Soil testing 101 and too much of a good thing gone bad

I've been working on a project that involves a backyard that is a death zone for plants. It's a brownstone that has had the same owners for over ten years and everything they've planted has died, over and over again. They chose the appropriate plant material for the shaded space, they adjust the irrigation when needed (since backyards tend to get over watered in the shade) and they also added fresh manure based compost at least once a year. What gives?
I've finally solved the mystery by doing a soil test from the Cornell Soil Lab, since the diy soil kits weren't telling us squat. Apparently, the soil has an abnormal amount of organic material (wayyy too much compost) which caused the ph to be abnormally low and turned the soil into poison for plants. I won't get into the technicalities but I advise anyone with a backyard to take a couple of soil samples from their back yard and sent it in to the Cornell labs for a very detailed report of your soil. If you have questions or want to discuss your soil report with someone they have a very helpful representative based here in NYC for all of your questions. I don't recommend vegetable growing directly out of any backyard in NYC but if you are tempted, check out the metals in the soil before you plant (the report will give you that).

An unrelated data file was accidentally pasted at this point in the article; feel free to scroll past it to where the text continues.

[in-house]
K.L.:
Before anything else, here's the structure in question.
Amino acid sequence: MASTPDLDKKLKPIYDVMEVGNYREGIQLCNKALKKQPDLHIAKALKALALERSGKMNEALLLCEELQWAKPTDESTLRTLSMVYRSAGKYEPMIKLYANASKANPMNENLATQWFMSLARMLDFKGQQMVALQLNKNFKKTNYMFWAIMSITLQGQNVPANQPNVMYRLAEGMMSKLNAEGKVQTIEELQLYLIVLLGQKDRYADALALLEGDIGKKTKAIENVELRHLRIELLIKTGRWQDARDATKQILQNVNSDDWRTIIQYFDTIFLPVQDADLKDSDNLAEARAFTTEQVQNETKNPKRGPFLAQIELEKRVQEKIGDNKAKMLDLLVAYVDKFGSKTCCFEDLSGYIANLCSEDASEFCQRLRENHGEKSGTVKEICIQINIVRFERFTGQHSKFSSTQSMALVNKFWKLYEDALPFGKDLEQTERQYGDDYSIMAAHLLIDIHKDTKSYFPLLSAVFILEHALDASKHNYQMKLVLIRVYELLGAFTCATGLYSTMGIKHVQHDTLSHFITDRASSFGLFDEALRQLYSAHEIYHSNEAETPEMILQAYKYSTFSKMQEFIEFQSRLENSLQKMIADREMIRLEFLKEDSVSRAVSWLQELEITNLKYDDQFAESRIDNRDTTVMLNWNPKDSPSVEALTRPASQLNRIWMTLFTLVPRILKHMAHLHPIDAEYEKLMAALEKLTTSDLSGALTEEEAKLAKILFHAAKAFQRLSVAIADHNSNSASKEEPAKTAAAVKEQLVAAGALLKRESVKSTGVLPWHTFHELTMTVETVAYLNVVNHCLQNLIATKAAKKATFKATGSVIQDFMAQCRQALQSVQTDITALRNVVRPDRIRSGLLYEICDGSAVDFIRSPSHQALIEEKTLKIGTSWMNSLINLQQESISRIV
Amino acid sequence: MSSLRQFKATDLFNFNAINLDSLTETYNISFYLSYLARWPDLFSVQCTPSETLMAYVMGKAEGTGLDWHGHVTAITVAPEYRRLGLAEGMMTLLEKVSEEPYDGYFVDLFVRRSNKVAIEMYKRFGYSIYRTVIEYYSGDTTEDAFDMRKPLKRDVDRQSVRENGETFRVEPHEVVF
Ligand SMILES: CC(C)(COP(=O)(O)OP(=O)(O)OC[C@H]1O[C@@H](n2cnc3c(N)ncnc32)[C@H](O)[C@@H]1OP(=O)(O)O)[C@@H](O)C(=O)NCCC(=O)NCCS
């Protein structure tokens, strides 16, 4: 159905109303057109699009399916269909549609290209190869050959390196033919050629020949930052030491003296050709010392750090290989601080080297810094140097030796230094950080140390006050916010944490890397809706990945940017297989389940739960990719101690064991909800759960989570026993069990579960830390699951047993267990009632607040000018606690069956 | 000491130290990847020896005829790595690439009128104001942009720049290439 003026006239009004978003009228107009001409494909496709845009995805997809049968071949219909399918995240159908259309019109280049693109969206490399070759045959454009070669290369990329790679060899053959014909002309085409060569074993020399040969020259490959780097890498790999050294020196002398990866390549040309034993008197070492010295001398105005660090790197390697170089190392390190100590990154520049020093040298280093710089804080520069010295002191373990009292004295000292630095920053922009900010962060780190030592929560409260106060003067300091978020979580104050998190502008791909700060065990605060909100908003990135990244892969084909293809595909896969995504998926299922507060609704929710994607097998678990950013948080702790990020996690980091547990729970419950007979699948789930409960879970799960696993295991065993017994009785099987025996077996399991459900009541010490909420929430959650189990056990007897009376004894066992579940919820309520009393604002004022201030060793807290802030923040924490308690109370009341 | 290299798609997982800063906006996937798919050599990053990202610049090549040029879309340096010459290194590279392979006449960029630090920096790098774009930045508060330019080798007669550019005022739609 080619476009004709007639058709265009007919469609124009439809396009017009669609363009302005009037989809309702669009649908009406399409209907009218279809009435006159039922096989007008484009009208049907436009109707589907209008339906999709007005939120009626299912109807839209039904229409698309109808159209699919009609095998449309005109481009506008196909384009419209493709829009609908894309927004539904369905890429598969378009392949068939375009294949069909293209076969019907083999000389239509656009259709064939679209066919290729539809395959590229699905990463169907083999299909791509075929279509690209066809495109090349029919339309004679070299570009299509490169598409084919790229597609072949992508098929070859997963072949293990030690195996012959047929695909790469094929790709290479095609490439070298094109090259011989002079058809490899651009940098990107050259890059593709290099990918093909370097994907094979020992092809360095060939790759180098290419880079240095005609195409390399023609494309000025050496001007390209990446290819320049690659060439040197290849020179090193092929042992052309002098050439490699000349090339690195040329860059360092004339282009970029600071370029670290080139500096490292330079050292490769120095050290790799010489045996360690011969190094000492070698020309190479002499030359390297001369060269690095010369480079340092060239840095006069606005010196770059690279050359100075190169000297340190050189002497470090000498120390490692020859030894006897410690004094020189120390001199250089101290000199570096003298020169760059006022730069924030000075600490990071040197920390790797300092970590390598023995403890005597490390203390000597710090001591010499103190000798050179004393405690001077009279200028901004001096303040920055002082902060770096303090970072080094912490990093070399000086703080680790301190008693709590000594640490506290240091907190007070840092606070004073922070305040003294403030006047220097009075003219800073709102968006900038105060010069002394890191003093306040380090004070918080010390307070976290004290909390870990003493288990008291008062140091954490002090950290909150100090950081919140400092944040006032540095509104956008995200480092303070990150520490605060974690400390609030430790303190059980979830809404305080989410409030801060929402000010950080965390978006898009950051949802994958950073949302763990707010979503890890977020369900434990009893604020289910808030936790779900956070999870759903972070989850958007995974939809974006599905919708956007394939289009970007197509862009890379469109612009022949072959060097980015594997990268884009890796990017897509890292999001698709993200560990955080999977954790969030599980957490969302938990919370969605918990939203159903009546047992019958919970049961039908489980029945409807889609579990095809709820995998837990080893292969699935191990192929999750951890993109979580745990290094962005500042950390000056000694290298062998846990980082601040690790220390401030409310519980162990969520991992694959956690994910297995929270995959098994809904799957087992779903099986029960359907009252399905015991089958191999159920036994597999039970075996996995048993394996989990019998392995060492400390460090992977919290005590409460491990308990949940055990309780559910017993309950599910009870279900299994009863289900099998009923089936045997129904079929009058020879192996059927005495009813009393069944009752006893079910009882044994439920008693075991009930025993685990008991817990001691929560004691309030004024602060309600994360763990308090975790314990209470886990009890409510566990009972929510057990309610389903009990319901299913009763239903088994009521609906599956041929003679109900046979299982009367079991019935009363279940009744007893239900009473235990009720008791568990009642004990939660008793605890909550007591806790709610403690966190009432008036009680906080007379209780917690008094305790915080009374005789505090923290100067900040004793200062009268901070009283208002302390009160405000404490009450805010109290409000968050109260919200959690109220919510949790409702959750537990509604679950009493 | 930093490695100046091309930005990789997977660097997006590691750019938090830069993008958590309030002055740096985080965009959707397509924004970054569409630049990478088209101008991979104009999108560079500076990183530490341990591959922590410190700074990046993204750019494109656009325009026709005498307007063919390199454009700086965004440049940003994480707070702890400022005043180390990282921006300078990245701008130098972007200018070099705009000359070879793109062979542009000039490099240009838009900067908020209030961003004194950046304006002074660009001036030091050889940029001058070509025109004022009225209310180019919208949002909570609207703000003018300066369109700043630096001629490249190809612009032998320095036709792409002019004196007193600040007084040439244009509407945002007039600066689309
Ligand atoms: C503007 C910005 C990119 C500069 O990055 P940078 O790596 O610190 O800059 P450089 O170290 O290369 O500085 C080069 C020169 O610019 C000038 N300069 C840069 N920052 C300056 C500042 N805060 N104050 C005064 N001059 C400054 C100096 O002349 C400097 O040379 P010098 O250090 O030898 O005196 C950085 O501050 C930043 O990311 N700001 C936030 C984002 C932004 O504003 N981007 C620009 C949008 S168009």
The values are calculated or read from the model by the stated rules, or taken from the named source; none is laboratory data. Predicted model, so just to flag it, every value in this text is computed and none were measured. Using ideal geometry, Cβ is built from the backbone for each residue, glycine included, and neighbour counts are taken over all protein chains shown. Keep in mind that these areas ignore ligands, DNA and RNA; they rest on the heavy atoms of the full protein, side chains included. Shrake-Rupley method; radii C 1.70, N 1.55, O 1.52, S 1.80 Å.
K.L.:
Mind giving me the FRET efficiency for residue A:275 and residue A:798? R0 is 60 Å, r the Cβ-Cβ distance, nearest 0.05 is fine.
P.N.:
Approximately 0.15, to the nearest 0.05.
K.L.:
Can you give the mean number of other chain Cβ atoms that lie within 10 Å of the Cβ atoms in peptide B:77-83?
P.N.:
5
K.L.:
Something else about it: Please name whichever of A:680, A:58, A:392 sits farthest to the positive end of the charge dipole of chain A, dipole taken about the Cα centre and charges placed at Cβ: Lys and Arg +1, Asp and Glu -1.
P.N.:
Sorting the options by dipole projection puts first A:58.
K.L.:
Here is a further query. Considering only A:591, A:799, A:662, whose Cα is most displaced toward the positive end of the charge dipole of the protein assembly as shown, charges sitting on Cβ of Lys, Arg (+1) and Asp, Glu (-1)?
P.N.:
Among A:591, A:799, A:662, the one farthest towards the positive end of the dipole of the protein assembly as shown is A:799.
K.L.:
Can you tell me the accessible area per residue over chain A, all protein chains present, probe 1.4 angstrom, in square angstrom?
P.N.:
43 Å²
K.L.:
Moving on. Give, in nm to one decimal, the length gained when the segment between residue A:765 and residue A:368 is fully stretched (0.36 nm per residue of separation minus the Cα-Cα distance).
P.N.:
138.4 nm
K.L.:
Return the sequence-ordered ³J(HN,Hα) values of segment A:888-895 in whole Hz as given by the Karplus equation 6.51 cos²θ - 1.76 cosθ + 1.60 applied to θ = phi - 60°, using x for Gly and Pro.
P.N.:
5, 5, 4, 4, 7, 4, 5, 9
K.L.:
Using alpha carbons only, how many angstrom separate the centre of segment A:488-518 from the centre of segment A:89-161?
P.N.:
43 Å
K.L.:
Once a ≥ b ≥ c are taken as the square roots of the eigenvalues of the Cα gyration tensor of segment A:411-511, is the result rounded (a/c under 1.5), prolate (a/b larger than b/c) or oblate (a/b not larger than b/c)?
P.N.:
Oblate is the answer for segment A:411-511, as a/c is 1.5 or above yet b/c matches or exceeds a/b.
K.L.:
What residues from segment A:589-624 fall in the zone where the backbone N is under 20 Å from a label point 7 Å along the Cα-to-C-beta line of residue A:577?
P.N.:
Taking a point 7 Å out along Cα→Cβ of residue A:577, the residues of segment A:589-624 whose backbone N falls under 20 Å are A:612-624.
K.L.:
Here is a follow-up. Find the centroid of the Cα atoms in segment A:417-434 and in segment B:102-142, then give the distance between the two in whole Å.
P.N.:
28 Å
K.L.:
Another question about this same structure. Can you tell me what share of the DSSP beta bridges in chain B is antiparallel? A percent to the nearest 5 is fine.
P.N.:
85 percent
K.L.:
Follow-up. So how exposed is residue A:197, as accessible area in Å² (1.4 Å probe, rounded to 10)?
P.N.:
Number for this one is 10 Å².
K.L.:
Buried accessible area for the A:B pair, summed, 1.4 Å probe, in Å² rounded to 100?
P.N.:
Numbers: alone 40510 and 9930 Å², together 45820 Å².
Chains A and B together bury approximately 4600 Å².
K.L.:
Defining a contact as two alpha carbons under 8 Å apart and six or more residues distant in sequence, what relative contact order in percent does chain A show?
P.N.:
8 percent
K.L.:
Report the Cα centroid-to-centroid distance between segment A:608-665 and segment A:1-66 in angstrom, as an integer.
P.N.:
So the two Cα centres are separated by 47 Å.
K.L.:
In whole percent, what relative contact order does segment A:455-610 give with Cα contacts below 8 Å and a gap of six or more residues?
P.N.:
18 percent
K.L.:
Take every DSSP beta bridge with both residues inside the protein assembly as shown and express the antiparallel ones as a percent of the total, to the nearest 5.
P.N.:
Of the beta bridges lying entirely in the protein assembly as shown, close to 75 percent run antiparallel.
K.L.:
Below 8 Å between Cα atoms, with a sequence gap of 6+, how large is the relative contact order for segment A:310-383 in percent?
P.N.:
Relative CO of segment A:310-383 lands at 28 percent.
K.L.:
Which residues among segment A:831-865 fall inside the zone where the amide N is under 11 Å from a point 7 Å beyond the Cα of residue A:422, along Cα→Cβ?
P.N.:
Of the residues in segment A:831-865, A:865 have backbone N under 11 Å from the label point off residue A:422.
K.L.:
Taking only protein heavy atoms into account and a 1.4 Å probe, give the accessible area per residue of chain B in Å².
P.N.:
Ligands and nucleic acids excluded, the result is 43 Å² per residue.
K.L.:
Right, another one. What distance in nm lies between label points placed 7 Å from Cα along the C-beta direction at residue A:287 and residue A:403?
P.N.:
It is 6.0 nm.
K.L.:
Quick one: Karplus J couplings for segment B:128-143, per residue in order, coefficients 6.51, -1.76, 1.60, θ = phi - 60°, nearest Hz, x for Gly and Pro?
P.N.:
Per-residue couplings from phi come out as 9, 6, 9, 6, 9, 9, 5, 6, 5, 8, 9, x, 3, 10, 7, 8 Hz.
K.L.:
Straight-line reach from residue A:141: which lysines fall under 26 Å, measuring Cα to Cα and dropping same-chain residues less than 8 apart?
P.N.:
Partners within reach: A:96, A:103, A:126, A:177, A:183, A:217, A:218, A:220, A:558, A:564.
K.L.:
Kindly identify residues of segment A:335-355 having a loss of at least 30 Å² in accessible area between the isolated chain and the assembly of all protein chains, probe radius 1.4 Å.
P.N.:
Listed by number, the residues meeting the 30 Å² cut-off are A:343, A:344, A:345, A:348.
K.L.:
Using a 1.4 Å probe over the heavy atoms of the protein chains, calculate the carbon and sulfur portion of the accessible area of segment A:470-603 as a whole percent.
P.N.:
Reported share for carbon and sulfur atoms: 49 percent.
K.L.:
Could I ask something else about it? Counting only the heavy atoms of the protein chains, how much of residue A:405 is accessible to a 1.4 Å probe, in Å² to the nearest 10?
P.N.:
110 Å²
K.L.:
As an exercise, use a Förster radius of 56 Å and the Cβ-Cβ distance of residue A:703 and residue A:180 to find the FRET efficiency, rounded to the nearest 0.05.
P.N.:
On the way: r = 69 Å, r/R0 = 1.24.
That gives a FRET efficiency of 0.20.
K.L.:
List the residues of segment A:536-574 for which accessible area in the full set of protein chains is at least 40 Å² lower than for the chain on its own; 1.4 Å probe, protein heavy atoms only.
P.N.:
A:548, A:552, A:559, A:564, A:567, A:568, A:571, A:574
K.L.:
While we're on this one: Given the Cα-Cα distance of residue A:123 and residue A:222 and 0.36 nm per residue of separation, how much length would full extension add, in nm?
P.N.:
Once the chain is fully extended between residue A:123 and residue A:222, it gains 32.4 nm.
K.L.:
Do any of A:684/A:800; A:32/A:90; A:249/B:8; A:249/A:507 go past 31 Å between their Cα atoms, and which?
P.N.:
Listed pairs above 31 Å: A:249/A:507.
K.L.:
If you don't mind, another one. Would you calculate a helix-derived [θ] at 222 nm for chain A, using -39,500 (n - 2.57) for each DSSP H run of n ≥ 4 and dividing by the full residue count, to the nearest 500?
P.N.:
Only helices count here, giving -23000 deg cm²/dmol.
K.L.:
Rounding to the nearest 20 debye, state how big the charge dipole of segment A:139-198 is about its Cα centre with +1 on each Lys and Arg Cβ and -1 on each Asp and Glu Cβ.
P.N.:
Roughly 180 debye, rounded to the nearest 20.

As for the garden I mention above, we are adding 5-7lbs of garden lime per square foot to increase the ph and hopefully be able to plant something by the end of spring.

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